Read recent news articles featuring Councilmember Pete Furman, as well as his published opinion pieces.
“I keep trying to look at this data to understand the impact of short-term rentals on our community,” Councilman Pete Furman said, examining a graph showing historical changes in revenues. “Why can’t we get this split up between short-term rentals and hotels?”
“In a paragraph in the agreement, there’s talk about vehicles monitored by GPS,” Councilman Pete Furman said. “What’s the status of the discussions in the agreement here with our rental companies about whether they are willing to step up and do private enforcement of their private agreements with customers for speed limits?”
We would like to commend Sedona City Councilman Pete Furman and Councilwoman Kathy Kinsella for getting their ordinance on ordinances passed de facto unanimously at the July 11 meeting and thereby requiring new city laws to be read twice.
“I do ponder a question about whether we should pursue an independent analysis of employee satisfaction somehow, if there isn’t something we’re missing,” Furman said.
“I’m not comfortable with an 80-20 split,” Furman added, noting that among the service provider contracts the council had awarded earlier at the same meeting, “nobody is even over 60%” for city funding. However, he said he would agree to 80% funding for one year in a spirit of partnership.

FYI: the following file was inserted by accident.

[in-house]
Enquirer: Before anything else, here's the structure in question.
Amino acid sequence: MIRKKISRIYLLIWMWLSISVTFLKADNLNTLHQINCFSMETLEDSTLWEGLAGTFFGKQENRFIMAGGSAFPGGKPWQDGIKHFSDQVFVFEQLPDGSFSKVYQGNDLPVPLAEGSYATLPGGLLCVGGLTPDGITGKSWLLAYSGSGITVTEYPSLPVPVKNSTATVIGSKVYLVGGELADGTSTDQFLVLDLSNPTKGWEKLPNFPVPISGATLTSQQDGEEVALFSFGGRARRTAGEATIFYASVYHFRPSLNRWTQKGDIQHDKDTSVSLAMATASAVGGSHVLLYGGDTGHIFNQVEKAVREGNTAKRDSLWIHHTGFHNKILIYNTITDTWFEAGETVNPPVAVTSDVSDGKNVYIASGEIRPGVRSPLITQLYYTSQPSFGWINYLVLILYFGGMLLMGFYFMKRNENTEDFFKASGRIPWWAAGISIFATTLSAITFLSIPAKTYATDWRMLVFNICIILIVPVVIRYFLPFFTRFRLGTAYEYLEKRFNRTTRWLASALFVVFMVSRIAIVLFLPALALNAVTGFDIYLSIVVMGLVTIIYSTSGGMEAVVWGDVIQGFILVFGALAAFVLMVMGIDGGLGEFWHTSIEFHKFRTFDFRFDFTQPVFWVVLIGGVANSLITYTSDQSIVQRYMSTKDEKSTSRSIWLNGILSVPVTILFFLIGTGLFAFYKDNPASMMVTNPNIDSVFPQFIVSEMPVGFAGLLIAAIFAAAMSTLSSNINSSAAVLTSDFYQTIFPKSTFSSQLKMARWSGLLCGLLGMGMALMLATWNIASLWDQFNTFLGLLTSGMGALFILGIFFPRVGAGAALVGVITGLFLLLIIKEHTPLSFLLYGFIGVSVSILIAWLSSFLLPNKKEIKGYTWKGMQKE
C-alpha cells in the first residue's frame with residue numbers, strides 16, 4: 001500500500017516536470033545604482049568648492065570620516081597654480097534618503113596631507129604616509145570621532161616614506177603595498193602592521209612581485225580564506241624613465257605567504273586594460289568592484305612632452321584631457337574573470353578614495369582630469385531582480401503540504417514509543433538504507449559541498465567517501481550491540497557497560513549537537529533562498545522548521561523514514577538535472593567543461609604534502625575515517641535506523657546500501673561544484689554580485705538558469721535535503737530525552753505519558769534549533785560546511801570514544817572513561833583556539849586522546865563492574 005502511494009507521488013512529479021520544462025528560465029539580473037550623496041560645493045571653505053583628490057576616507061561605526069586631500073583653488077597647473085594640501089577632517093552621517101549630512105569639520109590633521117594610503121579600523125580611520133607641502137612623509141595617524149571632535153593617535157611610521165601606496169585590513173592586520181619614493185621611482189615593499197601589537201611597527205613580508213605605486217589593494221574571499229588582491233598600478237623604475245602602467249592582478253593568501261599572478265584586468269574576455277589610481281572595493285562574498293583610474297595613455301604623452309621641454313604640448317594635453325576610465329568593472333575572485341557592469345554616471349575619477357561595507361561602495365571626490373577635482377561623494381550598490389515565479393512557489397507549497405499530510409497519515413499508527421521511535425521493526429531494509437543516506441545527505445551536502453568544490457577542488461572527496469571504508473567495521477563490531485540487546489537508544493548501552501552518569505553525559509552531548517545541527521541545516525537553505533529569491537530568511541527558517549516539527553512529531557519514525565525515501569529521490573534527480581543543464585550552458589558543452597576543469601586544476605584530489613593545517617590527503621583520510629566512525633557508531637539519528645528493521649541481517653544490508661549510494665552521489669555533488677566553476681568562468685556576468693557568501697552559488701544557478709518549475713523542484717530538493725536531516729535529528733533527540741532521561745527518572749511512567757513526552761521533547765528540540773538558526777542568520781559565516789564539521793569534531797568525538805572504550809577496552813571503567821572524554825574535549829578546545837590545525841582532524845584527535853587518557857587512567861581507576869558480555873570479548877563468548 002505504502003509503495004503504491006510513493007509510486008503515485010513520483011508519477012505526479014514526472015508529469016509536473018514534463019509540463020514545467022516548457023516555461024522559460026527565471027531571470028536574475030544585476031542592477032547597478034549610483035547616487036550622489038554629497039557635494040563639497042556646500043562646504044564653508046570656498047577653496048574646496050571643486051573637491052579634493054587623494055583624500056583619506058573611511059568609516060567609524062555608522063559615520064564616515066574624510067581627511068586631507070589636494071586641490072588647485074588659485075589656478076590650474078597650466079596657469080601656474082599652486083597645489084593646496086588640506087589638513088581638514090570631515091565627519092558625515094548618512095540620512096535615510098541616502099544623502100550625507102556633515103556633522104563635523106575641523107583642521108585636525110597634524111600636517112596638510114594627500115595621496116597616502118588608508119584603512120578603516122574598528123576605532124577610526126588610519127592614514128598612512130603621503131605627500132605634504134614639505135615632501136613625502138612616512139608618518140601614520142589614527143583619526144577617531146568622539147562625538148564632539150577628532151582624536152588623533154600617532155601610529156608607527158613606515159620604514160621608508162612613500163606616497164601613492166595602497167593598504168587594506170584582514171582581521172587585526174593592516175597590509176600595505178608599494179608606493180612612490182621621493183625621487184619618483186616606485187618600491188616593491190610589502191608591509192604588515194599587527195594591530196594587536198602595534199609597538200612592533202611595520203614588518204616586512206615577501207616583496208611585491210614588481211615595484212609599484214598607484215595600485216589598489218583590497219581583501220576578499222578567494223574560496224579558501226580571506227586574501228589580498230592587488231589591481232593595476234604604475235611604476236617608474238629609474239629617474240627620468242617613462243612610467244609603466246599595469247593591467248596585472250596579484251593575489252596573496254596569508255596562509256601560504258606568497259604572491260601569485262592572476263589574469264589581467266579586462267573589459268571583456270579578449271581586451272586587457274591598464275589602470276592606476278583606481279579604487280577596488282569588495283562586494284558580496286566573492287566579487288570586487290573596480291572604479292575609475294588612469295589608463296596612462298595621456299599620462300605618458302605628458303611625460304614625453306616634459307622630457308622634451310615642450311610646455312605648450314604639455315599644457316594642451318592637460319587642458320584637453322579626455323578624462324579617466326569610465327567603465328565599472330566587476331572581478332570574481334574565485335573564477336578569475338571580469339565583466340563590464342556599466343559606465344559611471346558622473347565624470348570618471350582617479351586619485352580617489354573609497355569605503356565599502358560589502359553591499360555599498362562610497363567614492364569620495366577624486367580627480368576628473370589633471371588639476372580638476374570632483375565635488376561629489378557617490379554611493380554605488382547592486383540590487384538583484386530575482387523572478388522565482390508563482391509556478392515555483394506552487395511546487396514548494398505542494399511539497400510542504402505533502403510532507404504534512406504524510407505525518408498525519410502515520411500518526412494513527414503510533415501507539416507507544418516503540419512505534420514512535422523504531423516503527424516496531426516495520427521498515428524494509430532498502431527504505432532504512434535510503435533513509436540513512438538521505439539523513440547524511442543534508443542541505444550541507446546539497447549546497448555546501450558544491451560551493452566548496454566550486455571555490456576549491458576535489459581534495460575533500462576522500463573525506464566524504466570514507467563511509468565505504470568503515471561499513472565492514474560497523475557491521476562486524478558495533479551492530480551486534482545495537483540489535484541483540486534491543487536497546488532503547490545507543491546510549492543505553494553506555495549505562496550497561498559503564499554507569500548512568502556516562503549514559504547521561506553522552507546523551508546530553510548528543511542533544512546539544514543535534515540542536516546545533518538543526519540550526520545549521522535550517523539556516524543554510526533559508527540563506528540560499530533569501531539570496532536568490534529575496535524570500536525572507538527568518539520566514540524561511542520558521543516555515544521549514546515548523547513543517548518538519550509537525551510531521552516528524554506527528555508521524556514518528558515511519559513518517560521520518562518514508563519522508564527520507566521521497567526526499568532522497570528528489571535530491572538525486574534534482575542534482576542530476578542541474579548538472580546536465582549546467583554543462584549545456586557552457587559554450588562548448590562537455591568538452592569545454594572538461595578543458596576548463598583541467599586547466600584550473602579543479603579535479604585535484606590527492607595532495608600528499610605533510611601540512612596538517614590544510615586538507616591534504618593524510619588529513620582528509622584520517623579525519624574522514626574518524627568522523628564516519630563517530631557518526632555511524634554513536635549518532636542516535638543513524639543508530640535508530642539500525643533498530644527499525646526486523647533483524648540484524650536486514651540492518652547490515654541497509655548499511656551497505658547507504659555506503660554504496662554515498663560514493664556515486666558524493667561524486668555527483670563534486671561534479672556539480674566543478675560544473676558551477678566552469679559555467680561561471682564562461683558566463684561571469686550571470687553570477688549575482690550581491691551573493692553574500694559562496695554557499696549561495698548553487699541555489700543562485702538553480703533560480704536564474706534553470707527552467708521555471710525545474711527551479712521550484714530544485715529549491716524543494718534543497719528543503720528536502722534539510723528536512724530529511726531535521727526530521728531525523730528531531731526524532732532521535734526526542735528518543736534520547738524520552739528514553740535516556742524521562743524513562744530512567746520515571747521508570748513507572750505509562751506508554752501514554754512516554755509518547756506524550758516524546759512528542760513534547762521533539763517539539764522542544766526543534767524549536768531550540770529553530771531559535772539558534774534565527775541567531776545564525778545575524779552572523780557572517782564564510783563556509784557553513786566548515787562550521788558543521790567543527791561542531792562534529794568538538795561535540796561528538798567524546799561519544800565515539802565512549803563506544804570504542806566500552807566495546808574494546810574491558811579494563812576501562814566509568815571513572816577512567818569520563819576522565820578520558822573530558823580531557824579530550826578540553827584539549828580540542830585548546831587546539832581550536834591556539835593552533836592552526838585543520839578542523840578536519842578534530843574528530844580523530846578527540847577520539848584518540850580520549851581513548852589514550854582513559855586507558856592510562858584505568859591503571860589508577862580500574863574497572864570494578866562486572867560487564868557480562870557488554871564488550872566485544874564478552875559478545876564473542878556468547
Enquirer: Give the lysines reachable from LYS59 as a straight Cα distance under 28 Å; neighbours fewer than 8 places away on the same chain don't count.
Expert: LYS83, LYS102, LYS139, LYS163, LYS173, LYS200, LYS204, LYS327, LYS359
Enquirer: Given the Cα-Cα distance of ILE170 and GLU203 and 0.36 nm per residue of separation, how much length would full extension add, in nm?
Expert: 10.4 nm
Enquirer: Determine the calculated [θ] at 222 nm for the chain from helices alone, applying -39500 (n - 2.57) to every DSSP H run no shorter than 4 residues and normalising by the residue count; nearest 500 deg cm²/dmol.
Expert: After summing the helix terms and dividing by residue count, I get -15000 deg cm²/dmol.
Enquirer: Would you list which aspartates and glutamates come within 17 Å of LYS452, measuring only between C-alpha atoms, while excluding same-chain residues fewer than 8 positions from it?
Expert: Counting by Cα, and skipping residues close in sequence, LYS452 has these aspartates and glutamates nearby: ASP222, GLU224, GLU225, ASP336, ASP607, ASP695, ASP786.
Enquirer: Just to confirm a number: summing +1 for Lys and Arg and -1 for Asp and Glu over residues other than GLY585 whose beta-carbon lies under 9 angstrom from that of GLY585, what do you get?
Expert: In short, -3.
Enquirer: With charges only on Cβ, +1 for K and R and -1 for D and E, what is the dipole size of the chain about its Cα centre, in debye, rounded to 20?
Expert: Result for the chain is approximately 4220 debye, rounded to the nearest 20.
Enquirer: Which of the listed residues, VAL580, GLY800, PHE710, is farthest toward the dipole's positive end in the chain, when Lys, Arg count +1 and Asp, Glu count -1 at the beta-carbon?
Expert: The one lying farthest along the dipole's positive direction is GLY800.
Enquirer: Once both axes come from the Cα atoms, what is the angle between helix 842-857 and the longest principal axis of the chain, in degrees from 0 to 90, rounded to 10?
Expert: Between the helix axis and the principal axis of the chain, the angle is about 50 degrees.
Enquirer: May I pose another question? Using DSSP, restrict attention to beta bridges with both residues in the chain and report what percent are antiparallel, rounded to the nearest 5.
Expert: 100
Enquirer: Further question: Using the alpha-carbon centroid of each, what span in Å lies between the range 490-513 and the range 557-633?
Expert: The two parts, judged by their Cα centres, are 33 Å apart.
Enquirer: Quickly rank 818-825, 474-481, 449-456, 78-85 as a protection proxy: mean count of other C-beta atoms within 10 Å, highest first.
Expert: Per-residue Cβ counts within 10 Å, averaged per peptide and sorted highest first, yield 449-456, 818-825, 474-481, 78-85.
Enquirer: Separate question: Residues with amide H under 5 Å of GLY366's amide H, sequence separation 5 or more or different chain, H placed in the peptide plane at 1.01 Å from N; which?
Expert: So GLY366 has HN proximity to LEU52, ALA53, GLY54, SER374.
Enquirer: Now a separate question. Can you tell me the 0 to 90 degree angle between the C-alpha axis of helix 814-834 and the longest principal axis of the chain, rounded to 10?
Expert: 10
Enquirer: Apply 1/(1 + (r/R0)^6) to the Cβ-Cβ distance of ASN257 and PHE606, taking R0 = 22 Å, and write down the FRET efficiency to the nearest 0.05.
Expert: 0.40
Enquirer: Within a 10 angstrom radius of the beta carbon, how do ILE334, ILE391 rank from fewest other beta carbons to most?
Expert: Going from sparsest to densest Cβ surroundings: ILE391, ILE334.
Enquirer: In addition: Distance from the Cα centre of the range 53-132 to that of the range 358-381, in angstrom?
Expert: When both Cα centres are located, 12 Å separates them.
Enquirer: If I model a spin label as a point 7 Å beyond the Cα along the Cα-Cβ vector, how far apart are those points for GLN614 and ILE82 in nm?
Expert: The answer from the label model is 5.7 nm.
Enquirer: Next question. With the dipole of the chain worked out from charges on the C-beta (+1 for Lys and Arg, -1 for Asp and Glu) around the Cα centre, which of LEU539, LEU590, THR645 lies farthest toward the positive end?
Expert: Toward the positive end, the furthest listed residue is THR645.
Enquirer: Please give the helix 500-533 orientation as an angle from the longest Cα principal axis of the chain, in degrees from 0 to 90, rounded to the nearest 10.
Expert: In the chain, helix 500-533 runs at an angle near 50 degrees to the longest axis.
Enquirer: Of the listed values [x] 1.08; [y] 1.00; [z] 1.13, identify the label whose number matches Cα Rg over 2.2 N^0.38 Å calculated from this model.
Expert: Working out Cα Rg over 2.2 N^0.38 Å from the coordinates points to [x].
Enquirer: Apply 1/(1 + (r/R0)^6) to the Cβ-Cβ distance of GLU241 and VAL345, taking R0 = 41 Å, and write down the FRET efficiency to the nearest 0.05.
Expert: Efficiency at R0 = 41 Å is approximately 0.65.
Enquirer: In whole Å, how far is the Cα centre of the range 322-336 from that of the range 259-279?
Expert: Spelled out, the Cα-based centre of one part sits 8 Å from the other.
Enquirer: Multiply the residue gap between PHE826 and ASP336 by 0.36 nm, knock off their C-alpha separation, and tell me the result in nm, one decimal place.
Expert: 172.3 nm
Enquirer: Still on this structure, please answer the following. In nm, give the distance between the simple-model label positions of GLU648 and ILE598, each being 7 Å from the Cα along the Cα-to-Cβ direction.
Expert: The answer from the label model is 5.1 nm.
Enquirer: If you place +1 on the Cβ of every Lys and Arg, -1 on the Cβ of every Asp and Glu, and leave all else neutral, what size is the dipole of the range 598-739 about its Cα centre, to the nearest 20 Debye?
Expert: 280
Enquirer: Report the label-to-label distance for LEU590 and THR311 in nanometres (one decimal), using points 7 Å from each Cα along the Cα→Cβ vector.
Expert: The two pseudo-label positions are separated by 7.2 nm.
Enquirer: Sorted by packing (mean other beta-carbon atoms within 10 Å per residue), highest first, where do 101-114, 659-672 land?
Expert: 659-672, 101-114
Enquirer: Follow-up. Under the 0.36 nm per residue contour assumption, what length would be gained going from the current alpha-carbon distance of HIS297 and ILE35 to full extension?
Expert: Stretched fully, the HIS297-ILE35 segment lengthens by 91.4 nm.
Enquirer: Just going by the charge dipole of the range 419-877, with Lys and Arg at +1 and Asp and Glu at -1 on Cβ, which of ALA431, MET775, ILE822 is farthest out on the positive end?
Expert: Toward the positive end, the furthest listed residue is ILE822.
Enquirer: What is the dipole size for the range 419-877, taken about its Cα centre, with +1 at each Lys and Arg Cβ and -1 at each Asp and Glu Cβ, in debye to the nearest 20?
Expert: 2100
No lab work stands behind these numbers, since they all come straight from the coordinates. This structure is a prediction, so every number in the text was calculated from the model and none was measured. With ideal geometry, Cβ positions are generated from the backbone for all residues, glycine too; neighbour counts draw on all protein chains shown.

“I might remind all of us that the Goldwater Institute and the Arizona state legislature didn’t think short-term rentals would be harmful in any way either,” Furman said.
“We’re moving way too fast to create a structure that will be very difficult to alter if we decide a different structure is needed,” Furman advised. “We need much more time and thought about the structure, the mission.”
“I don’t know why we would think it’s a good idea,” Councilman Pete Furman said, arguing that the application did not meet the city’s Land Development Code requirements because of the absence of a proper traffic analysis.
“It got to the point where somebody had to make a bold decision,” said city councilman Peter Furman. “The chamber pulled the trigger first.”
“I would rather be on the side of free speech than not,” Furman said.